Note to readers: This post appeared as a column in the Armidale Express on Wednesday 22 July 2009. I am repeating the columns here with a lag because the Express columns are not on line. You can see all the columns by clicking here.
One disadvantage of living in Sydney as I now do is travel time. I spend almost three hours in every twenty four, sometimes more, sitting in a bus, train or car.
I try to make the best use I can of this otherwise dead time. This is what I have come to call my train reading time. I sit, read and try to write.
Five mornings a week the train passes through Harris Park, one of the epicenters for recent attacks on Indian students studying in Australia.
A lot of the reporting on these troubles focused on perceived racism in the broader Australia community or, alternatively, suggested that Indian students had simply been victims of ordinary opportunistic crime.
I have no doubt that there have been cases of what is called curry bashing, as well as opportunistic crime. But, as always, the position is a little more complicated than this.
At the last census Harris Park had a population of 6,854.
Of this, just 29.2% spoke only English at home. The most common languages other than English were Arabic 10.4%, Gujarati 6.8%, Hindi 5.8%, Mandarin 4.6% and Cantonese 3.7%. Indian born made up 19.5% of the population of Harris Park. Those between 15 and 25, the main student groups, totalled 68.7% of the population.
The central problem in Harris Park has been the replacement of the previously dominant Lebanese population by new Indian students. This lies at the core of the troubles.
Whatever the reasons for the difficulties faced by Indian students, the whole affair has done great damage to Australia’s reputation as a safe and friendly place for international students to study.
This damage has been compounded by problems within the vocational education system. The combination of a proportion of unscrupulous “colleges” with bad official policies has created a growing scandal.
Granny Herald has been campaigning hard on this issue. The campaign may be required, but crikey that paper does damage to the city it claims to serve. Its constant stream of negative stories adds to Sydney’s growing tarnish.
These various difficulties lie at the core of my argument that Armidale has a real opportunity to attract more international students at all levels.
The current troubles will almost certainly lead to a drop in the total number of international students coming to Australia, but Armidale can increase its share of those that do come.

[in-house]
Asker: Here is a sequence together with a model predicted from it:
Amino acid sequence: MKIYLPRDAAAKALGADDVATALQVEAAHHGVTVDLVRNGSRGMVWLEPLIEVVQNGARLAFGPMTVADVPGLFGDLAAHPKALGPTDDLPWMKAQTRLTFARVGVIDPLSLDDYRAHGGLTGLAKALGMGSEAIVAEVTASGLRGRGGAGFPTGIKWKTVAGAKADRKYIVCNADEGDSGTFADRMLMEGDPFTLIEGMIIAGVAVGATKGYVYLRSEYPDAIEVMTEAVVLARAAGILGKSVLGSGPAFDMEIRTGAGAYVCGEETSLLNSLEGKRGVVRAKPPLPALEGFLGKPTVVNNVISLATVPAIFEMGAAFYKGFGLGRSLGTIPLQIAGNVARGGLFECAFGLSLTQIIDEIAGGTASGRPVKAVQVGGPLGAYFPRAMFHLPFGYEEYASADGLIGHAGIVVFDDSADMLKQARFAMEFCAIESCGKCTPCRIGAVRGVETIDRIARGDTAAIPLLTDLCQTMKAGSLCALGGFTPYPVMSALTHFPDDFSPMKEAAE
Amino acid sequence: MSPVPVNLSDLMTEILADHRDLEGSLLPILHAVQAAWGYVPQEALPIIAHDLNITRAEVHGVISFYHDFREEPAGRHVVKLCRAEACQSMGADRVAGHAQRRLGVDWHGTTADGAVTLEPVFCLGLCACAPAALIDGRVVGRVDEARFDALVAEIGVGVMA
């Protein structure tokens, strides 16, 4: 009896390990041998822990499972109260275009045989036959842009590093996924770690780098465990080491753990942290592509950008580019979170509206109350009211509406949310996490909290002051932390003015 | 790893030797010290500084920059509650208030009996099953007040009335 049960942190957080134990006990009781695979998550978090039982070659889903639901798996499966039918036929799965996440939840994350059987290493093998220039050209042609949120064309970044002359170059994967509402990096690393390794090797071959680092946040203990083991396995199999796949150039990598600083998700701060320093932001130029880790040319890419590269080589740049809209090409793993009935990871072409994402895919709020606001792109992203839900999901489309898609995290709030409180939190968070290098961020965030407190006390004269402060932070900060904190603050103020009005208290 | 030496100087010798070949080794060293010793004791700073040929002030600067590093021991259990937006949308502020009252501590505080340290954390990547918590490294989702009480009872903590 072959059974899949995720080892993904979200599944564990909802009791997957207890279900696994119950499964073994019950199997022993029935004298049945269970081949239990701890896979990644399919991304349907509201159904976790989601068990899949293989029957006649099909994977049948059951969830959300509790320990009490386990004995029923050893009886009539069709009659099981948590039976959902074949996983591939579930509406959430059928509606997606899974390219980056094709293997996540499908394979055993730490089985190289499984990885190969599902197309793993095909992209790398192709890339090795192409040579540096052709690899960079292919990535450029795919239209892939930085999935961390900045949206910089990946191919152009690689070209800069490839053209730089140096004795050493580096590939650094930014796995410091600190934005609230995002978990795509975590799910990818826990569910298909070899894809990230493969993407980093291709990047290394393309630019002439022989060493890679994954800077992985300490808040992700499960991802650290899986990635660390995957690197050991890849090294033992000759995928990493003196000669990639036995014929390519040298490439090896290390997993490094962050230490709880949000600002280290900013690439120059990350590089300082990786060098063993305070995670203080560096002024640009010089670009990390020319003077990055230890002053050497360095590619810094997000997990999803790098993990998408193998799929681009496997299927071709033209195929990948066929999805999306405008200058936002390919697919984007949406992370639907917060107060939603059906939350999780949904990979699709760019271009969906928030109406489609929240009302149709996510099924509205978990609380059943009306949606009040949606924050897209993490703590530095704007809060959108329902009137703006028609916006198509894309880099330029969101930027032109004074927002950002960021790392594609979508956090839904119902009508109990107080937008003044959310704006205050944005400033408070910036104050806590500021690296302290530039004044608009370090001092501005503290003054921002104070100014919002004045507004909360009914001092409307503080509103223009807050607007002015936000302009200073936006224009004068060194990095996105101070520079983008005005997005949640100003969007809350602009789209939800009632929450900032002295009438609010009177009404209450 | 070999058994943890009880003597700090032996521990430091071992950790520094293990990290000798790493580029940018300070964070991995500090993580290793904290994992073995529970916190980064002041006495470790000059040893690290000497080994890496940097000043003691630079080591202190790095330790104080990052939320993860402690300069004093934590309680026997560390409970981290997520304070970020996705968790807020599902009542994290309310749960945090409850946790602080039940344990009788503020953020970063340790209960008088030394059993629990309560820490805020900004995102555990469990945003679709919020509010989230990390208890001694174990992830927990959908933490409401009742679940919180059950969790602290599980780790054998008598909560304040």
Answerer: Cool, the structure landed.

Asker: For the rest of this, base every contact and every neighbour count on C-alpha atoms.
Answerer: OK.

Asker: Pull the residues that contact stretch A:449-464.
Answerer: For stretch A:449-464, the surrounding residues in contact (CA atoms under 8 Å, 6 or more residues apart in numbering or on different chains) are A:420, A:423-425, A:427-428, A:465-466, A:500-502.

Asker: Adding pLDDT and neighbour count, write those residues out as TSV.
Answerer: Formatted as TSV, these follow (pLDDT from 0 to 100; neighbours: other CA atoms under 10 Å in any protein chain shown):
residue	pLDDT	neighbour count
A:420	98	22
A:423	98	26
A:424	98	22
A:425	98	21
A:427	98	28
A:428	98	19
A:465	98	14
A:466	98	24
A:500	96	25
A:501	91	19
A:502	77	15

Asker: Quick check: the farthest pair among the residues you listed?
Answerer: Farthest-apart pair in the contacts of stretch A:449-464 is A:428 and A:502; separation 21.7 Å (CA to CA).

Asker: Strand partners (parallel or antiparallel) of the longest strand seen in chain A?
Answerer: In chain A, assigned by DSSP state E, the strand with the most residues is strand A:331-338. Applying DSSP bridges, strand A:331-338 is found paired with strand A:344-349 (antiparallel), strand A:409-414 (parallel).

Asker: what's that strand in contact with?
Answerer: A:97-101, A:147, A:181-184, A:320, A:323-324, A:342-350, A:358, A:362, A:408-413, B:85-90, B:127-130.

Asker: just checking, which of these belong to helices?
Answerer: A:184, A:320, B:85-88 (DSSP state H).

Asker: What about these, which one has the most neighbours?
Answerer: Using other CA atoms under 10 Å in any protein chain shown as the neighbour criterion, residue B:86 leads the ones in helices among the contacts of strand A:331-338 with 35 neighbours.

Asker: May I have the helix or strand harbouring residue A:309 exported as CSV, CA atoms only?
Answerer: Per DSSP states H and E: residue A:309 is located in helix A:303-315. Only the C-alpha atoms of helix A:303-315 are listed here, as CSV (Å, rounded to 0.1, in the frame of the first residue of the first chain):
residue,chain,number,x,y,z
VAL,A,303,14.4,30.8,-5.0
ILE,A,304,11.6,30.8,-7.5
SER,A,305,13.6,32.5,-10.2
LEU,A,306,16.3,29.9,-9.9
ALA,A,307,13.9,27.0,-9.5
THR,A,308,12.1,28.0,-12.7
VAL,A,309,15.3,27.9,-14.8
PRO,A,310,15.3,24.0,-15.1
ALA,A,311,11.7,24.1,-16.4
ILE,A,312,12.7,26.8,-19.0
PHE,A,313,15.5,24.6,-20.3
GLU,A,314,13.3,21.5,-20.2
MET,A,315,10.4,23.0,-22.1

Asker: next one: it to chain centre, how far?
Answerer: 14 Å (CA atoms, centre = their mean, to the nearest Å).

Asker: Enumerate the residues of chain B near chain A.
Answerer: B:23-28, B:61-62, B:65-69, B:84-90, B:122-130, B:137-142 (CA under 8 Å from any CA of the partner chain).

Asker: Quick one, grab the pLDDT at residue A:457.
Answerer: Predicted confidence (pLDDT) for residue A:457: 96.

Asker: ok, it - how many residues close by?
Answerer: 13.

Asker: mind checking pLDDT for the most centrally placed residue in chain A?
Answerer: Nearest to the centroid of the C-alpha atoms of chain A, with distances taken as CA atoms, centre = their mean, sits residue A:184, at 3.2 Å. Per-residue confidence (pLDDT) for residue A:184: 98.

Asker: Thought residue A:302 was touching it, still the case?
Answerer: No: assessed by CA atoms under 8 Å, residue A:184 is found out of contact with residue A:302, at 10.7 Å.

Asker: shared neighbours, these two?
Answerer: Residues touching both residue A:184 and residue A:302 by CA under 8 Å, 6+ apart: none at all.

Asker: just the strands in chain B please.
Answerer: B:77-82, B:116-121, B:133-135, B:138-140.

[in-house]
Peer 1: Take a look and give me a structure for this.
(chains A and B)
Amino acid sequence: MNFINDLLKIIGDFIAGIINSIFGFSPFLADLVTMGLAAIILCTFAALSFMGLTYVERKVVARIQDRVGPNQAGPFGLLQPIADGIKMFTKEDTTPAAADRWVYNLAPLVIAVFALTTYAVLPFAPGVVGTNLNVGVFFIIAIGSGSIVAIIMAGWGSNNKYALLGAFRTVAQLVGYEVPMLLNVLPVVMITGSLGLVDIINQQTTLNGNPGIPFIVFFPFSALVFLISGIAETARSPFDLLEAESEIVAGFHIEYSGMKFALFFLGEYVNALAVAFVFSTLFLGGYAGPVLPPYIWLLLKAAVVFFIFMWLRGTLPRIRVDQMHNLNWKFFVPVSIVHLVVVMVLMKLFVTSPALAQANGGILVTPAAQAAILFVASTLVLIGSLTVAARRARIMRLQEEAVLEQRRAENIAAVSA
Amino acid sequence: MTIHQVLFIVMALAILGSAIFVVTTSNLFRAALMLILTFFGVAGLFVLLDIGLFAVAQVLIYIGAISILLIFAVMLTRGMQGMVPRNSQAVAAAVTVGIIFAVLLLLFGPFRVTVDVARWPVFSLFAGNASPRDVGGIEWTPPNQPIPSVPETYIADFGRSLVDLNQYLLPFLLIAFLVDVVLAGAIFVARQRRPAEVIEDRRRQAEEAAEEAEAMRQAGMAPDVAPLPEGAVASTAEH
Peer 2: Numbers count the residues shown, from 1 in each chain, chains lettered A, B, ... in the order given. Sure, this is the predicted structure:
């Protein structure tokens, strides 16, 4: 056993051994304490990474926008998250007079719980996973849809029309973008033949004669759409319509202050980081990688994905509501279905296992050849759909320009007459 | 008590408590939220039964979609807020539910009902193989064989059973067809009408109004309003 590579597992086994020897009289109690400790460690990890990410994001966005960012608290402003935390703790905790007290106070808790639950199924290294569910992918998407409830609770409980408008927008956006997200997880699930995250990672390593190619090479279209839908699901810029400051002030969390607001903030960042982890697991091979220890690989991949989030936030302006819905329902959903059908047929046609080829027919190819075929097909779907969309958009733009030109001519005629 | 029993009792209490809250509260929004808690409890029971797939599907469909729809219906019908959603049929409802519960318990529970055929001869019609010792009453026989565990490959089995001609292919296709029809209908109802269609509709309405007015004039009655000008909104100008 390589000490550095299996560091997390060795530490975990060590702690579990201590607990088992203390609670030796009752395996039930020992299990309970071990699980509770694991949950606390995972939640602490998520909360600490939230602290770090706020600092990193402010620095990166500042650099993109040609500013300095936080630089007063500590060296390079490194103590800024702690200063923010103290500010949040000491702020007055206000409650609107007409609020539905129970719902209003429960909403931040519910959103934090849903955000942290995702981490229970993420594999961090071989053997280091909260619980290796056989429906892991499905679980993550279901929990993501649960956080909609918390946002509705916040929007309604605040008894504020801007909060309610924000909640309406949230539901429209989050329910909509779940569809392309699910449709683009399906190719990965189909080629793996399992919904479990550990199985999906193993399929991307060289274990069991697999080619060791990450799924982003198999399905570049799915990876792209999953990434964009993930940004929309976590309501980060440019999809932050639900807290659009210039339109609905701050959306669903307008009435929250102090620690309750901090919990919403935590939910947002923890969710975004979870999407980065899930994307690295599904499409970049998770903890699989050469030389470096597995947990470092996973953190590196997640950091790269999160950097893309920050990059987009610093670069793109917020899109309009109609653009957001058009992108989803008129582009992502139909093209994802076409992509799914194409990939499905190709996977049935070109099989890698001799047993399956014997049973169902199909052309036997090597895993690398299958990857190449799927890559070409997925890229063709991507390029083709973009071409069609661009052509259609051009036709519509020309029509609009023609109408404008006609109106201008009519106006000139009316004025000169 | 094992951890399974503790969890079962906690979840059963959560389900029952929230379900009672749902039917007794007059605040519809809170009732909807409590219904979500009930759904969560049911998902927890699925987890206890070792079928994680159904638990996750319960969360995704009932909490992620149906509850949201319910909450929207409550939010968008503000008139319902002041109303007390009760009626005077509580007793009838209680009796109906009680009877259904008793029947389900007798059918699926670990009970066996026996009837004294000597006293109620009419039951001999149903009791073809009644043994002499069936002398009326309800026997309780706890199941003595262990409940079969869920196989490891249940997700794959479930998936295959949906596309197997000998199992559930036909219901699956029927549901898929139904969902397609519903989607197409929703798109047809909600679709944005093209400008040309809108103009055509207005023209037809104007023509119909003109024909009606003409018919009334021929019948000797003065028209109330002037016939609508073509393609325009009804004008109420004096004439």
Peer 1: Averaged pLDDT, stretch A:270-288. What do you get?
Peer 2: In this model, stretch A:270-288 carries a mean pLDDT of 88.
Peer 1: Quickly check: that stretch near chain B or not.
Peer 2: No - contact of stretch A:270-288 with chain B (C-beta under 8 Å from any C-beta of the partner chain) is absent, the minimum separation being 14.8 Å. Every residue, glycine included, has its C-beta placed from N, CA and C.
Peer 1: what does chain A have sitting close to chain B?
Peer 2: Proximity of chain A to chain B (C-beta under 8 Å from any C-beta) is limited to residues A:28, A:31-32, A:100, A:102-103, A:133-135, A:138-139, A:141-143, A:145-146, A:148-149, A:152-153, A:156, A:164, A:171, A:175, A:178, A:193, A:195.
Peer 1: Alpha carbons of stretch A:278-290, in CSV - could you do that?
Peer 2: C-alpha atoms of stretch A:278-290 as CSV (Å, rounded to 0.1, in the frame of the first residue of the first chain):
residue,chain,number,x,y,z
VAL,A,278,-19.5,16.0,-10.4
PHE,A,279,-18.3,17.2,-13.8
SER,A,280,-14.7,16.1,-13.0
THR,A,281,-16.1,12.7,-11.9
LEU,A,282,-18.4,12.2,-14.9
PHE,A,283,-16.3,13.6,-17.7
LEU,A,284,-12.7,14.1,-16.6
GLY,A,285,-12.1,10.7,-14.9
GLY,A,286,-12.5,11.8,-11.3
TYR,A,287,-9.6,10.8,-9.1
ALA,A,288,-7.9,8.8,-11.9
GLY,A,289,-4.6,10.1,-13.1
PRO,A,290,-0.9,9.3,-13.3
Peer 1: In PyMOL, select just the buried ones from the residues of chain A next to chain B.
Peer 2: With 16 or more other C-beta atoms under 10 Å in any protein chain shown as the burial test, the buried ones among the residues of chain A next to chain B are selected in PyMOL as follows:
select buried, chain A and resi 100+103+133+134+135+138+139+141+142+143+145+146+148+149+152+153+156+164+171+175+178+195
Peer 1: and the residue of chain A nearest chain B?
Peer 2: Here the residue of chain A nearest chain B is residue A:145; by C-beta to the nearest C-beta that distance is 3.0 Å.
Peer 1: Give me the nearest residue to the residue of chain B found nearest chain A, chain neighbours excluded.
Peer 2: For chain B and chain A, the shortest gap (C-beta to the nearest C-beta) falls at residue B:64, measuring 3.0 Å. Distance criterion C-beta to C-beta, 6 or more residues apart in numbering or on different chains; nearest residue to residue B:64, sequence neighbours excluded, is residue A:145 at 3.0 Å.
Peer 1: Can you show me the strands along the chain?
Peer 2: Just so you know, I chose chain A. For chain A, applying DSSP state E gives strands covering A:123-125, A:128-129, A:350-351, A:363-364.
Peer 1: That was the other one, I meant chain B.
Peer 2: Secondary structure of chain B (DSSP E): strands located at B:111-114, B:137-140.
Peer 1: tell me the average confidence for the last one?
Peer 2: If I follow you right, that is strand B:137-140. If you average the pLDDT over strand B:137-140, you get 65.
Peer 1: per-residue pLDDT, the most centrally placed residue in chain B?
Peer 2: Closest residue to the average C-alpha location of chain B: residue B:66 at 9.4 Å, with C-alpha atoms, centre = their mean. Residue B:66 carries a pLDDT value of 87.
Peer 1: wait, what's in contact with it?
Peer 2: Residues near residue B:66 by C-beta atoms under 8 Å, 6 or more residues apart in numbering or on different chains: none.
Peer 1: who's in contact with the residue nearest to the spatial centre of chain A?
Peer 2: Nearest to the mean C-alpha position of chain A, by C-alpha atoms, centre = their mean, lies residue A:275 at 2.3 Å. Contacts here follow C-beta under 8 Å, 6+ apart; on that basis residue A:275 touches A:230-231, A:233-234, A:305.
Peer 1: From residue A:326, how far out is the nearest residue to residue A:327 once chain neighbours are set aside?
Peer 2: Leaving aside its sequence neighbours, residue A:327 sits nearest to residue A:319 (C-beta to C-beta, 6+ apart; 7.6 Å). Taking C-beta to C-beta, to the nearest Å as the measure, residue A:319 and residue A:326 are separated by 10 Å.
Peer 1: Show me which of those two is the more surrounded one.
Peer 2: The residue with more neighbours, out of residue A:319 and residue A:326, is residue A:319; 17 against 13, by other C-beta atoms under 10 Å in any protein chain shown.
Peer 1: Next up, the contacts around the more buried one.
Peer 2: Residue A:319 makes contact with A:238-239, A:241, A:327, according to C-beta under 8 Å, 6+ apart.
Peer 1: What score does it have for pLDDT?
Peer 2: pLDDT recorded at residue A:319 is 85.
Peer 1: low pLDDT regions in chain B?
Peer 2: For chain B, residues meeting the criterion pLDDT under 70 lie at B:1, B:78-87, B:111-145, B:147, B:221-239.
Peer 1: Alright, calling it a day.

Armidale does not need an additional 10,000 international students, but 1,000 more spread across various educational institutions would be of considerable benefit to the local economy.
I mentioned in my last column that Armidale had a remarkable record of welcoming international students. I do not think that Armidale people properly realise what a great base this provides.
The story starts with the civic welcome that the city offers students each year. It continues through the thousands of interactions between the city, its people and its educational institutions and the international student and educational communities.
I read the UNE news blog. I have lost count of the stories that Jim Scanlan and his colleagues have posted on UNE’s international activities and interactions, many with a people focus.
Dropping down, I read the individual stories in the Express or in some of the school publications. This is good stuff, but few outside Armidale know anything about it.
Part of the problem is that Armidale’s good news stories are simply not news in the conventional sense. Nobody runs them as stories outside Armidale because they are seen as local. They won’t attract readers or viewers.
This won’t change. However, the way we approach the communications task can change.
Take a simple example.
Check out the various Armidale web sites connected in some way with education. How many mention the civic welcome, or indeed say much at all about international students and the local community?
If you do this check, you will see that the question exactly illustrates my point. Forget straight sales, we just don’t communicate.
Assume that you are parents in India making decisions about your kids’ education.
Where would you want them to go: to the new “university cities” of Sydney or Melbourne, or to a place that presents the whole community as welcoming?